After the social worker’s presentation, Flor led us through Unbound’s community garden. She identified each plant and described its medicinal qualities. Some plants are believed to help with colds or headaches. Others fortify the heart. Some heal inflammation or wounds.

Flor works as an informal healer. Families call her to help with their illnesses, and she prescribes natural herbal cures.

She charges her neighbors whatever they can afford, even if it’s only one Philippine peso, or about 2 cents. She asks that they pay something: Flor believes that paying for her services aids in the healing process.

Regardless of the efficacy of her herbs, her visits uplift her neighbors. A poor, ill neighbor living in a dark home can count on Flor to deliver a smile along with her freshly picked flowers and herbs. With her gift of springtime warmth for her homebound neighbors, Flor lives up to her name, which means “flower.”

Become an uplifting presence. Sponsor an elder today.

Barclay Martin speaking to high school students about "Rise and Dream."
Mar 13 2015

How 13 Philippine teens gave U.S. students a lesson

Letters are an everyday part of the Unbound program — they’re the bridge that connects people throughout our world. Hundreds of thousands of letters from sponsored friends pass through our Kansas City headquarters each year on their way to sponsors. With all the correspondence that passes through our office, some letters still come as a surprise.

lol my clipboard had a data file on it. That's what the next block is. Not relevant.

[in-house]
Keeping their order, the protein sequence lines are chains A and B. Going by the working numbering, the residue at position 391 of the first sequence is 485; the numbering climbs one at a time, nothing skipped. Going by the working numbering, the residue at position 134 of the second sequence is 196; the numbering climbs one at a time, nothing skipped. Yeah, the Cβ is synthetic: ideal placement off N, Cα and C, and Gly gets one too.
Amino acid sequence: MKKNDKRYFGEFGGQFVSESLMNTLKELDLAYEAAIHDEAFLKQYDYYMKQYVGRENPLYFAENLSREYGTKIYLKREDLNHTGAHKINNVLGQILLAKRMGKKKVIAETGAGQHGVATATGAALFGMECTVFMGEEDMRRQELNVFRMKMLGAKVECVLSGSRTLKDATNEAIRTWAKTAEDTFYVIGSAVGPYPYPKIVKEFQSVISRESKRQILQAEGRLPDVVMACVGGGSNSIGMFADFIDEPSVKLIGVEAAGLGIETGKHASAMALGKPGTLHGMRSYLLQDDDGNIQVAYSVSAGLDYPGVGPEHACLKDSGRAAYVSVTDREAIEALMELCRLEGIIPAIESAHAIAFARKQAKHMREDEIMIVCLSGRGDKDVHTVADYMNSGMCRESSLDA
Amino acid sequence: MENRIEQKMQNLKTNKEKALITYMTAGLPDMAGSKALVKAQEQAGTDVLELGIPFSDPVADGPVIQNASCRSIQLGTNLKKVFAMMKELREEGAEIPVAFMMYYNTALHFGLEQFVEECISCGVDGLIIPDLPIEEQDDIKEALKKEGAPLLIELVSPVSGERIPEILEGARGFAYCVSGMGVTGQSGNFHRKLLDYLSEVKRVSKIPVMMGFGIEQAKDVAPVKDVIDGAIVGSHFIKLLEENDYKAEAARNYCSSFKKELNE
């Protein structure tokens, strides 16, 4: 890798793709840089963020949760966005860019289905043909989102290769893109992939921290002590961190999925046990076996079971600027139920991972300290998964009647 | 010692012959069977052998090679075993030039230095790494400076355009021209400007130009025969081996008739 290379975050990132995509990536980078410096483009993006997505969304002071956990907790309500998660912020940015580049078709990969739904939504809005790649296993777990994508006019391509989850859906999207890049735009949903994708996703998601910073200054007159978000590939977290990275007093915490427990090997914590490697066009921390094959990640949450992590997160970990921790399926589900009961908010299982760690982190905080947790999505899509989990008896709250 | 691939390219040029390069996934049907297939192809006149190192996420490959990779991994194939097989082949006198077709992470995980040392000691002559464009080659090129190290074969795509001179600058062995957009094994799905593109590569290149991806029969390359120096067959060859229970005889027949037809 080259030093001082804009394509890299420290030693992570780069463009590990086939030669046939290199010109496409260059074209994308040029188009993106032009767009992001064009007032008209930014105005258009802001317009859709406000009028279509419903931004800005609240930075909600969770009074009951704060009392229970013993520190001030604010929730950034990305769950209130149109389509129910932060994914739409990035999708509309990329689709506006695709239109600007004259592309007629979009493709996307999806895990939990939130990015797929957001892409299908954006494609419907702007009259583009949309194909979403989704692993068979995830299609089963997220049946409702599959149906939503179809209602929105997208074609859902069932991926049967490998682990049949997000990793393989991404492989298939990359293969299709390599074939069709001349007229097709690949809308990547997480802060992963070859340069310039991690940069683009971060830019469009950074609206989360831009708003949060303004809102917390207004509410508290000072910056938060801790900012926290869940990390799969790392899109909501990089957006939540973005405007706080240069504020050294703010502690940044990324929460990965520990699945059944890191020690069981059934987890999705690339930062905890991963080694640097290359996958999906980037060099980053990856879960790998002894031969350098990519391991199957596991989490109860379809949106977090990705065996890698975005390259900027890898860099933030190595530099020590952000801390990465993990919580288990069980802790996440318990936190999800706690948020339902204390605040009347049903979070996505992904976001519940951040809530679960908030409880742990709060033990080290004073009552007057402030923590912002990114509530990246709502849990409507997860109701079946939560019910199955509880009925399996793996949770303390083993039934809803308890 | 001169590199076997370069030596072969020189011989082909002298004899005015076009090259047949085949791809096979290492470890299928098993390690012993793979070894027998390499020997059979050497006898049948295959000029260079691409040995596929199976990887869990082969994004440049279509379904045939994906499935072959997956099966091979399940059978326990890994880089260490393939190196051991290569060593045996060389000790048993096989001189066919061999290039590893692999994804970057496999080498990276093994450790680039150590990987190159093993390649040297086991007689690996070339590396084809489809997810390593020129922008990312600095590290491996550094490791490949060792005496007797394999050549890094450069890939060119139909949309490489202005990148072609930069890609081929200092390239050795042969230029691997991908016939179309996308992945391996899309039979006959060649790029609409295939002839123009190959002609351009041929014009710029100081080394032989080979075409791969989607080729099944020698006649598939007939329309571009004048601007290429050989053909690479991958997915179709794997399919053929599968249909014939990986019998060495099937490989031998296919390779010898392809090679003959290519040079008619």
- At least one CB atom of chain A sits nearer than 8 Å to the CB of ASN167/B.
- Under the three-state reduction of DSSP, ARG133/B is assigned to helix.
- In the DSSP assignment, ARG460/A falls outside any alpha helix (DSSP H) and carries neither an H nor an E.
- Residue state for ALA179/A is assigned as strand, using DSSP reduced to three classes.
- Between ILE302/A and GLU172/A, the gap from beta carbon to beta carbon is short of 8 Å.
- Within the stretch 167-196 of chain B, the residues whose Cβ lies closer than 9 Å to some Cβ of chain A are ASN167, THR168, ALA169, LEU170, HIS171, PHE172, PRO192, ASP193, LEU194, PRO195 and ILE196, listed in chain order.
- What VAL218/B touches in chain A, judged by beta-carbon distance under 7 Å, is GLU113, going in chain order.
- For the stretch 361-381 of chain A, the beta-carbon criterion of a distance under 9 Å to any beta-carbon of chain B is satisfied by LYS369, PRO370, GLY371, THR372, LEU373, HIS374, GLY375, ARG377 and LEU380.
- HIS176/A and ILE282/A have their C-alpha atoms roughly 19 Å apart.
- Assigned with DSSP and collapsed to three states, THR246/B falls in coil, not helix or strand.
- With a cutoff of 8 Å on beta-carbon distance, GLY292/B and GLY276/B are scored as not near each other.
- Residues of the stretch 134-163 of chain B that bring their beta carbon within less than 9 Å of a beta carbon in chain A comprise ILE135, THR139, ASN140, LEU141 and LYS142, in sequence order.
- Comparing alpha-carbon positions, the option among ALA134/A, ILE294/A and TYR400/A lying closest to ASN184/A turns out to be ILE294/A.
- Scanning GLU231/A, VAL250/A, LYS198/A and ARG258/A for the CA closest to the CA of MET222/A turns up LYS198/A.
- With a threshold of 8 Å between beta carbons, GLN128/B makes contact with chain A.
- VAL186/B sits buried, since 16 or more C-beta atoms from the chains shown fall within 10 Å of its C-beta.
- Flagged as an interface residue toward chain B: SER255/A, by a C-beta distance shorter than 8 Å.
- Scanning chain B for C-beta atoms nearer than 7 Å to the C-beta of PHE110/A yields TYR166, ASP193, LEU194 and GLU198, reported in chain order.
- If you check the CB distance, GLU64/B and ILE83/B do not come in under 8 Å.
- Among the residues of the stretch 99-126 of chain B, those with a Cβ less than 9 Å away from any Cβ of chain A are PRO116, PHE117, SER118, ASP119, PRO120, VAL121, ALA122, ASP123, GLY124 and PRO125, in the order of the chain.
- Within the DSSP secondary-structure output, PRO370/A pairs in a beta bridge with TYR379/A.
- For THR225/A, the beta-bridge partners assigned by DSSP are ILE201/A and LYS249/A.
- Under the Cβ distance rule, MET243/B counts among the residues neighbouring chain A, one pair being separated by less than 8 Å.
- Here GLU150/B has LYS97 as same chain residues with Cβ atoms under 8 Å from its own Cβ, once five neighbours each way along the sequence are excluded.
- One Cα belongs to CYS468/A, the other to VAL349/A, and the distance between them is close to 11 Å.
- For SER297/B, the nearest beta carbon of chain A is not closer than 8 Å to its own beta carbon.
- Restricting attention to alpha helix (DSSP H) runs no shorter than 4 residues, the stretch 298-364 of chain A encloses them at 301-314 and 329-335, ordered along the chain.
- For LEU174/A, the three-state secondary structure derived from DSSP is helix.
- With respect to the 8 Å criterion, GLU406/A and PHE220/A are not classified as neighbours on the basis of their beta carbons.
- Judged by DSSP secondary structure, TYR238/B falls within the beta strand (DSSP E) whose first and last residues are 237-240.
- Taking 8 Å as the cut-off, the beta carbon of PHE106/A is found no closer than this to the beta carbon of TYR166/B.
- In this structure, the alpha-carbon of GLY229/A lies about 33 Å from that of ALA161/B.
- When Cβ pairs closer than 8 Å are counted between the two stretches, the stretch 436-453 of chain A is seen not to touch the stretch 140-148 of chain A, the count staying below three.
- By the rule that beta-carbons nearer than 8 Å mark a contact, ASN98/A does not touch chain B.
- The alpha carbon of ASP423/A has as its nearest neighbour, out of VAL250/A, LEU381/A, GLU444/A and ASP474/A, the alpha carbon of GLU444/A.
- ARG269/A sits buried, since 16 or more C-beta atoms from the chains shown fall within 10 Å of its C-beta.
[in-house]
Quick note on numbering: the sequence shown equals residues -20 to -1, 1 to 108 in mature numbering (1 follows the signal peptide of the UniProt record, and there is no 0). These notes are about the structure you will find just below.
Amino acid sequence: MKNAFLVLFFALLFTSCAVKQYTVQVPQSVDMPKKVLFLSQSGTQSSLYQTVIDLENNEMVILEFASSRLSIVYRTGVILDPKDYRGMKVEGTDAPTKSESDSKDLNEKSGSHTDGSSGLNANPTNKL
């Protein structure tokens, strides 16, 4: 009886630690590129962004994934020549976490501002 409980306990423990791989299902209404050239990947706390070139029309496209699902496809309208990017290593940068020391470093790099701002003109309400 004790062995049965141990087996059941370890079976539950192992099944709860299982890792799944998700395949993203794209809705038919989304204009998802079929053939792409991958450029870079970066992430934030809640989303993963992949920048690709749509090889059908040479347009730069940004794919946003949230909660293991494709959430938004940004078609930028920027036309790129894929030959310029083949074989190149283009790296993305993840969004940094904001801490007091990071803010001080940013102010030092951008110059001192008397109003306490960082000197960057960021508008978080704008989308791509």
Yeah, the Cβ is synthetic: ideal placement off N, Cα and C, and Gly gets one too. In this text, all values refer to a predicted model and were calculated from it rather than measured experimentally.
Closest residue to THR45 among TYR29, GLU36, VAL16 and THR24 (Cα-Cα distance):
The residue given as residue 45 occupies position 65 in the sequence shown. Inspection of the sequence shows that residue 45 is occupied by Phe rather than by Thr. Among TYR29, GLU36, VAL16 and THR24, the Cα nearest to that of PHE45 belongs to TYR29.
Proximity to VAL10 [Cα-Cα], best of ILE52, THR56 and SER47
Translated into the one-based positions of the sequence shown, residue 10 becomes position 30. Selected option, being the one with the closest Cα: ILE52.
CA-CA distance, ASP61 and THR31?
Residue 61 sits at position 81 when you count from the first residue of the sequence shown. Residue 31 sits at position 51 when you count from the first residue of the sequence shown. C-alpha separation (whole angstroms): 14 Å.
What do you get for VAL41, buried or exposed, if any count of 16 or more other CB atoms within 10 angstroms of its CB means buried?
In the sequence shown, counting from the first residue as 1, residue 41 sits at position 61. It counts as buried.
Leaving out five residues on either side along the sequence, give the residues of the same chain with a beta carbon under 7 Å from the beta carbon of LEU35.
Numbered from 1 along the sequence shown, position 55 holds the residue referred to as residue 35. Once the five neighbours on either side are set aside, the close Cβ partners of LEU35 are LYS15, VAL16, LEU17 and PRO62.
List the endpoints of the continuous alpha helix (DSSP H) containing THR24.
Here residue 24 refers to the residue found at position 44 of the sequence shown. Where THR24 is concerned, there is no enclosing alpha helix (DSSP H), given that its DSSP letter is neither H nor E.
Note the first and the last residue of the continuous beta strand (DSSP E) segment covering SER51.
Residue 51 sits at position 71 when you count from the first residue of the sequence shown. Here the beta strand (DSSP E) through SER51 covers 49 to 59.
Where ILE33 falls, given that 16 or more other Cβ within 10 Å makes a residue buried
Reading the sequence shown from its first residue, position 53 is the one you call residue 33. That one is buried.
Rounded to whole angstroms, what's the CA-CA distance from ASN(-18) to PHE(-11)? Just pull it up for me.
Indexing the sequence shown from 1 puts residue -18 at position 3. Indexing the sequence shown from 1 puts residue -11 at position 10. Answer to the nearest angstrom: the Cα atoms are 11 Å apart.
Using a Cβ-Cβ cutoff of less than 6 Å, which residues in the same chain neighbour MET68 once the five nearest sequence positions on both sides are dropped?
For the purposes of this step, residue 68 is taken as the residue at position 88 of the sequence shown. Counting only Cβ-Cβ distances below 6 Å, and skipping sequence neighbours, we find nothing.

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Sushela from India
Mar 6 2015

Embodying International Women’s Day

By Elizabeth Alex, community outreach and media relations director

Sushela comes from the lowest, poorest caste in Indian society. Traditionally they have been forced to sweep the streets and clean other people’s latrines by hand. Under the caste system, Sushela shouldn’t be allowed to attend religious festivals alongside her social superiors. She could never be invited to their homes. It would be unthinkable for a person of her caste to share a cup of tea with the next one up.

Add the fact she was forced into marriage as a teenager to a man she didn’t know, expected to cook and clean for his family and was isolated under the less-than-loving supervision of her mother-in-law, you might believe Sushela leads a miserable life.


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Sponsor a child
Feb 23 2015

Help Jaishikha find a sponsor

She is 4 years old and full of giggles. She sings. She counts to 10 in English. She listens to songs and then creates dances to go with them.

Her name is Jaishikha. She is nothing short of precious.

Jaishikha lives with her mom, dad and baby brother in a small, dark room in a crowded Indian slum.

Her parents struggle. Neither had the opportunity to go to school. Jaishikha’s father works hard in a hair and nail salon, but doesn’t make enough money to meet the family needs for shelter and food.

Despite their difficult life, Jaishikha smiles. All the time.

“We want her to be educated and successful,” said her mom, Reena. “My only dream is for my child to get a proper education so she will be proud.”

Editor’s Note: Since this post was published, Jaishikha has been sponsored. Click here to view other children still waiting for a sponsor.